Johannesburg - Director-General of the State Security Agency Arthur Fraser's family on Monday demanded that author Jacques Pauw "retract lies" contained in his new book The President's Keepers – Those keeping Zuma in power and out of prison.
Pauw penned the explosive book which exposes, among others, an alleged plot by President Jacob Zuma to quash his massive R63 million tax bill, his failure to submit his tax returns during at least the first five years of his presidency, and how Zuma kept receiving a secret monthly pay cheque from a friend despite being paid by the State as president.
The book also revealed how millions of rands were deposited into the accounts of fake spies and how Zuma manipulated state institutions such as the National Prosecuting Authority (NPA) as well as the Hawks.
Pauw and his publisher NB Publishers have since been slapped with a cease and desist letter from the SSA, but vowed to defend the book in court.
The Fraser family in a statement accused Pauw of "committing the classic journalistic deception of not allowing facts to get in the way of a good story".
"In his enthusiasm to influence ruling party politics and the 2019 general election, Pauw has allowed himself to be manipulated by an apartheid spy/double agent who has scores to settle – and is now hiding out in Russia.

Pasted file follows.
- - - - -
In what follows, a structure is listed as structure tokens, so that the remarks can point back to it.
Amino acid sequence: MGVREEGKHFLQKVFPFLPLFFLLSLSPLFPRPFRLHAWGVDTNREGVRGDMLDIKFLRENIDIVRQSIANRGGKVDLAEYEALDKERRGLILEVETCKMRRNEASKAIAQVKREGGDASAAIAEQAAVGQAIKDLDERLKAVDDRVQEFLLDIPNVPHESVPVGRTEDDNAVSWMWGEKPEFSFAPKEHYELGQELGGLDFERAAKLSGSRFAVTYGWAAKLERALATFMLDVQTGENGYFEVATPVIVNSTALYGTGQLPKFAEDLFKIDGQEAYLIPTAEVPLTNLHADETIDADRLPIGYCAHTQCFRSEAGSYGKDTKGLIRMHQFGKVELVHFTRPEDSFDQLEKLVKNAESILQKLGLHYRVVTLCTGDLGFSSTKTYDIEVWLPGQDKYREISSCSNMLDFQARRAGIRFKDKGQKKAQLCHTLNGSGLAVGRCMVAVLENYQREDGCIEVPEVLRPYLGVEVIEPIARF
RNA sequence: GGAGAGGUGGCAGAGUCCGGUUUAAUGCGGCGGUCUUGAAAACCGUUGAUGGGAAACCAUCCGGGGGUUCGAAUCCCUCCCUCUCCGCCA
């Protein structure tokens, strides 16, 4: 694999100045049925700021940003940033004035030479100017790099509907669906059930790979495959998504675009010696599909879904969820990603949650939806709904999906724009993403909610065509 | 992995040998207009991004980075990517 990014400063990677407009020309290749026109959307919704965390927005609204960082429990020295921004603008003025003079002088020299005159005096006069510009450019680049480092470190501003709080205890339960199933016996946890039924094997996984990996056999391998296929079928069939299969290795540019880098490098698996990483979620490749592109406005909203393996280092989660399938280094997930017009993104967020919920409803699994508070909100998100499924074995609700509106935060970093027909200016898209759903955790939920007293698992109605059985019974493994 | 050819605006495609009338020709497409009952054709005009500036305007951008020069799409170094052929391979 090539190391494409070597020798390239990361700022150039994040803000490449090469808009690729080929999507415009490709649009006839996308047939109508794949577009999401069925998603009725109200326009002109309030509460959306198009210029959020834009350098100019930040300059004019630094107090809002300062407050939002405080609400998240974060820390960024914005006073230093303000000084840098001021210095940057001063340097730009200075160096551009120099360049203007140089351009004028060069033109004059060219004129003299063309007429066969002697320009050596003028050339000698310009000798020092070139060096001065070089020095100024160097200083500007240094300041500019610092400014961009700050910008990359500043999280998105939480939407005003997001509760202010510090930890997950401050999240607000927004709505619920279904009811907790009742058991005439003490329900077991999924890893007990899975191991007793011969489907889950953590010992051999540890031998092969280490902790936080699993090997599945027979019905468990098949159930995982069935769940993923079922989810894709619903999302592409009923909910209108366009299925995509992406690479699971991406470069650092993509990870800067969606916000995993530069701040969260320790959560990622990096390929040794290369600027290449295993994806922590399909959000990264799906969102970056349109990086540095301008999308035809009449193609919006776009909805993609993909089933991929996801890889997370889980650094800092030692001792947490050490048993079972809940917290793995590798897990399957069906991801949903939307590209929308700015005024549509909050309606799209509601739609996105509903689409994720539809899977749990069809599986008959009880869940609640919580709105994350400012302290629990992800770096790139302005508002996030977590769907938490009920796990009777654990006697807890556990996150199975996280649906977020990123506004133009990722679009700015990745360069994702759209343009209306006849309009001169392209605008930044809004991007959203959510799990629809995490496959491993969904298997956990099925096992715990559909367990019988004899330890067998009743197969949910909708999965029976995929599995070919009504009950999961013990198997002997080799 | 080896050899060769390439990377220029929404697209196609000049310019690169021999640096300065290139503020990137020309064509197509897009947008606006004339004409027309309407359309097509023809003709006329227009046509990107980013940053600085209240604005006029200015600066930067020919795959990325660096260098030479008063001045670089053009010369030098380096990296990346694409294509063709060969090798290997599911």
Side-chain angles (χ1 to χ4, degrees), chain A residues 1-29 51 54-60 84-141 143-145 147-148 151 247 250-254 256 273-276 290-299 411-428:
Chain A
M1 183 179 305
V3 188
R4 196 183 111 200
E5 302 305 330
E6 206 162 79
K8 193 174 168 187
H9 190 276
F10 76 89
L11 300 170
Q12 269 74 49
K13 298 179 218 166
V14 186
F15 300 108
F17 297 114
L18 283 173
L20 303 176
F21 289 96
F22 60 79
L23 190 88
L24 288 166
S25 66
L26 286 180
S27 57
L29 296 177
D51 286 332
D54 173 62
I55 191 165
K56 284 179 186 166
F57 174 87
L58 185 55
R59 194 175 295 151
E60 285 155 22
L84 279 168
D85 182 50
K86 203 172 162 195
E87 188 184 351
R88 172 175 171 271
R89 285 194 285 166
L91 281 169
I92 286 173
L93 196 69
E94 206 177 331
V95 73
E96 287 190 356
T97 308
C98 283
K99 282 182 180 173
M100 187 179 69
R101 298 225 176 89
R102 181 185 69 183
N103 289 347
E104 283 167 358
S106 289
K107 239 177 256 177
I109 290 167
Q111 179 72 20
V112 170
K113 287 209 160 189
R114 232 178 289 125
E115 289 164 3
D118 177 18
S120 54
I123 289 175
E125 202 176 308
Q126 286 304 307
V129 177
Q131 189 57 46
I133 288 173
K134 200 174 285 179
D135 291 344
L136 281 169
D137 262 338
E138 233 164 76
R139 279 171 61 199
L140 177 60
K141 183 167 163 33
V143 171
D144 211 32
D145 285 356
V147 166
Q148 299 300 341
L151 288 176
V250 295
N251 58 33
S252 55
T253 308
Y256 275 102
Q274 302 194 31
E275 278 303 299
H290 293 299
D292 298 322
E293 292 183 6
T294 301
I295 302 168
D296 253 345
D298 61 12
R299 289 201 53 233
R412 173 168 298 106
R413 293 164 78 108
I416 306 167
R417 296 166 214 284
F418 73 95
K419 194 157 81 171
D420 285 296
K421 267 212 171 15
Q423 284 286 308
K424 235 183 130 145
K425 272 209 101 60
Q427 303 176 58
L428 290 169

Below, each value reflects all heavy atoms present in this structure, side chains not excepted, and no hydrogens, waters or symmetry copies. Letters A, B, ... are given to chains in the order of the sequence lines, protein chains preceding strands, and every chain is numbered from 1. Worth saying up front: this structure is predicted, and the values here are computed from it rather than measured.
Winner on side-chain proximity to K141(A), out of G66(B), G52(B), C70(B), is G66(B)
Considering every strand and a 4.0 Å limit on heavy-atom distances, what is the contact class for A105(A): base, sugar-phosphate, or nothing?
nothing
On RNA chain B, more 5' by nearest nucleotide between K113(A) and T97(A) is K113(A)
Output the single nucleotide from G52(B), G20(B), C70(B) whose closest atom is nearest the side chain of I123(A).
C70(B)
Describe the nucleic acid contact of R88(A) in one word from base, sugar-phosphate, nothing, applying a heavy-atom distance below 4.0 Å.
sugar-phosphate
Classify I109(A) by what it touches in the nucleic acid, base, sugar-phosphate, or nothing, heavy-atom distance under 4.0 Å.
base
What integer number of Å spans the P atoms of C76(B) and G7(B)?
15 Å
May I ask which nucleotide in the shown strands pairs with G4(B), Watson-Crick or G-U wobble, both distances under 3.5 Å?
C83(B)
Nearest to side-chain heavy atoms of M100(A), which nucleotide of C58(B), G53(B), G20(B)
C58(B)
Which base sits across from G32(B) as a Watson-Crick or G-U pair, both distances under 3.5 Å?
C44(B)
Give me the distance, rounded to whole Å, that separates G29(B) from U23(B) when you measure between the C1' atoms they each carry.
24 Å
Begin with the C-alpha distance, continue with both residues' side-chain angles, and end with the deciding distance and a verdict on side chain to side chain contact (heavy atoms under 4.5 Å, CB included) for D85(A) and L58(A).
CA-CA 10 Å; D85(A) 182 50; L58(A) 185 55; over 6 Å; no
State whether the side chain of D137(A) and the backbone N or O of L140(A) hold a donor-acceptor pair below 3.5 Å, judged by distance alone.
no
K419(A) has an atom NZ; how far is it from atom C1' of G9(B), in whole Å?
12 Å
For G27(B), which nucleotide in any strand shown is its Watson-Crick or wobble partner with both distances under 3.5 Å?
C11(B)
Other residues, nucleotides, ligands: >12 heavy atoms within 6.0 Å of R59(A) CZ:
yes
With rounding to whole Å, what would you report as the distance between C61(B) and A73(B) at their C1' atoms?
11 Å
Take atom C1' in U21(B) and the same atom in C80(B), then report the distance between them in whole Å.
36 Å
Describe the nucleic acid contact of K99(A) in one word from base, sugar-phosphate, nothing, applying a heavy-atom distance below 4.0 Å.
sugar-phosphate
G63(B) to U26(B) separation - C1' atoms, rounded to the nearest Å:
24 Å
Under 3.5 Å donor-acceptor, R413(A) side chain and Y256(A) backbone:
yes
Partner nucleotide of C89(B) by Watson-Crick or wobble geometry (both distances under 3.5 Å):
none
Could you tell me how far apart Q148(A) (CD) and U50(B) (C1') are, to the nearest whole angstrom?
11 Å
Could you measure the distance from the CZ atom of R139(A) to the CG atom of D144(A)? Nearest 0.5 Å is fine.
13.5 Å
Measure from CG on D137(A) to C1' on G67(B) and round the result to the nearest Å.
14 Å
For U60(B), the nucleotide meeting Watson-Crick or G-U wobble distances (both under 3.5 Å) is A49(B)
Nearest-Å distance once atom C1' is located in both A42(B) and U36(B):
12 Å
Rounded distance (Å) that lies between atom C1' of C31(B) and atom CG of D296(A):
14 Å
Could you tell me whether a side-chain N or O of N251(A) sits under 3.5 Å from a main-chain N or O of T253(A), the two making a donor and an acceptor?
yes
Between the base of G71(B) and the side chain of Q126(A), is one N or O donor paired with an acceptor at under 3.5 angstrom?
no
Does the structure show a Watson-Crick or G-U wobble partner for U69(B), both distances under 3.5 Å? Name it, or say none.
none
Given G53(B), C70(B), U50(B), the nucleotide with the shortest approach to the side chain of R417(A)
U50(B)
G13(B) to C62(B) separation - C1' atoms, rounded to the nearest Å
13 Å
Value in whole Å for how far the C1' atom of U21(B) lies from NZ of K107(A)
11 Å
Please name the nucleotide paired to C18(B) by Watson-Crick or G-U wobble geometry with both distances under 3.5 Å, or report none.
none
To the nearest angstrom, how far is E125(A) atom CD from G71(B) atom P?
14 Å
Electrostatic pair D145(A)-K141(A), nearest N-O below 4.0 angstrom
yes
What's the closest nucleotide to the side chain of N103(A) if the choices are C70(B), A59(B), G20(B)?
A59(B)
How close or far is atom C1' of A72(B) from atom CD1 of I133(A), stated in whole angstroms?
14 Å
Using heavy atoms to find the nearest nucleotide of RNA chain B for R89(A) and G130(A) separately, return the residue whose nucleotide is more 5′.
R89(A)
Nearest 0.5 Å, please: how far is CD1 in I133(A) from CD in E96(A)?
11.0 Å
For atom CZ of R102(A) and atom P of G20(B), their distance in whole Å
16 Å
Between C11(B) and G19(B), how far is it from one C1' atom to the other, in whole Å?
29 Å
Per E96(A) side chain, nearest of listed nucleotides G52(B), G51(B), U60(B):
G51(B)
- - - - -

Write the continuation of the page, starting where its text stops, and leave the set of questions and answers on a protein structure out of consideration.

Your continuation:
"This is the man on whom Pauw largely relies for 'evidence' about the Fraser family contained in his book."
Fraser's family went on to slam Pauw for numerous "false allegations" made about the family,"which has a distinguished record in South Africa’s struggle for democracy, equality and justice".
These included allegations that a Fraser sister was married to 'all powerful' intelligence officer Graham Engel as well as claims that Barry Fraser was the director of a company and NGO that benefitted from an alleged intelligence operation dubbed Principal Agent Network (PAN).
"The statement that 83-year-old Mrs CF Fraser is a PAN agent would be laughable if it wasn't so hurtful and malicious," the family added.
The family added that, with the current state of the country's political climate, reporters had a responsibility to maintain critical distance from their subjects and check their facts before rushing into print.
The failure to do so could render them political pawns, the family said.
"The Fraser family supports the principle of a free press holding government to account and contributing to the fight against corruption and abuses of power and/or state resources. But the principle does not extend to the right to slander people.
"Pauw has unjustly accused the Fraser family of criminal activity. The family is briefing lawyers this week to set the record straight."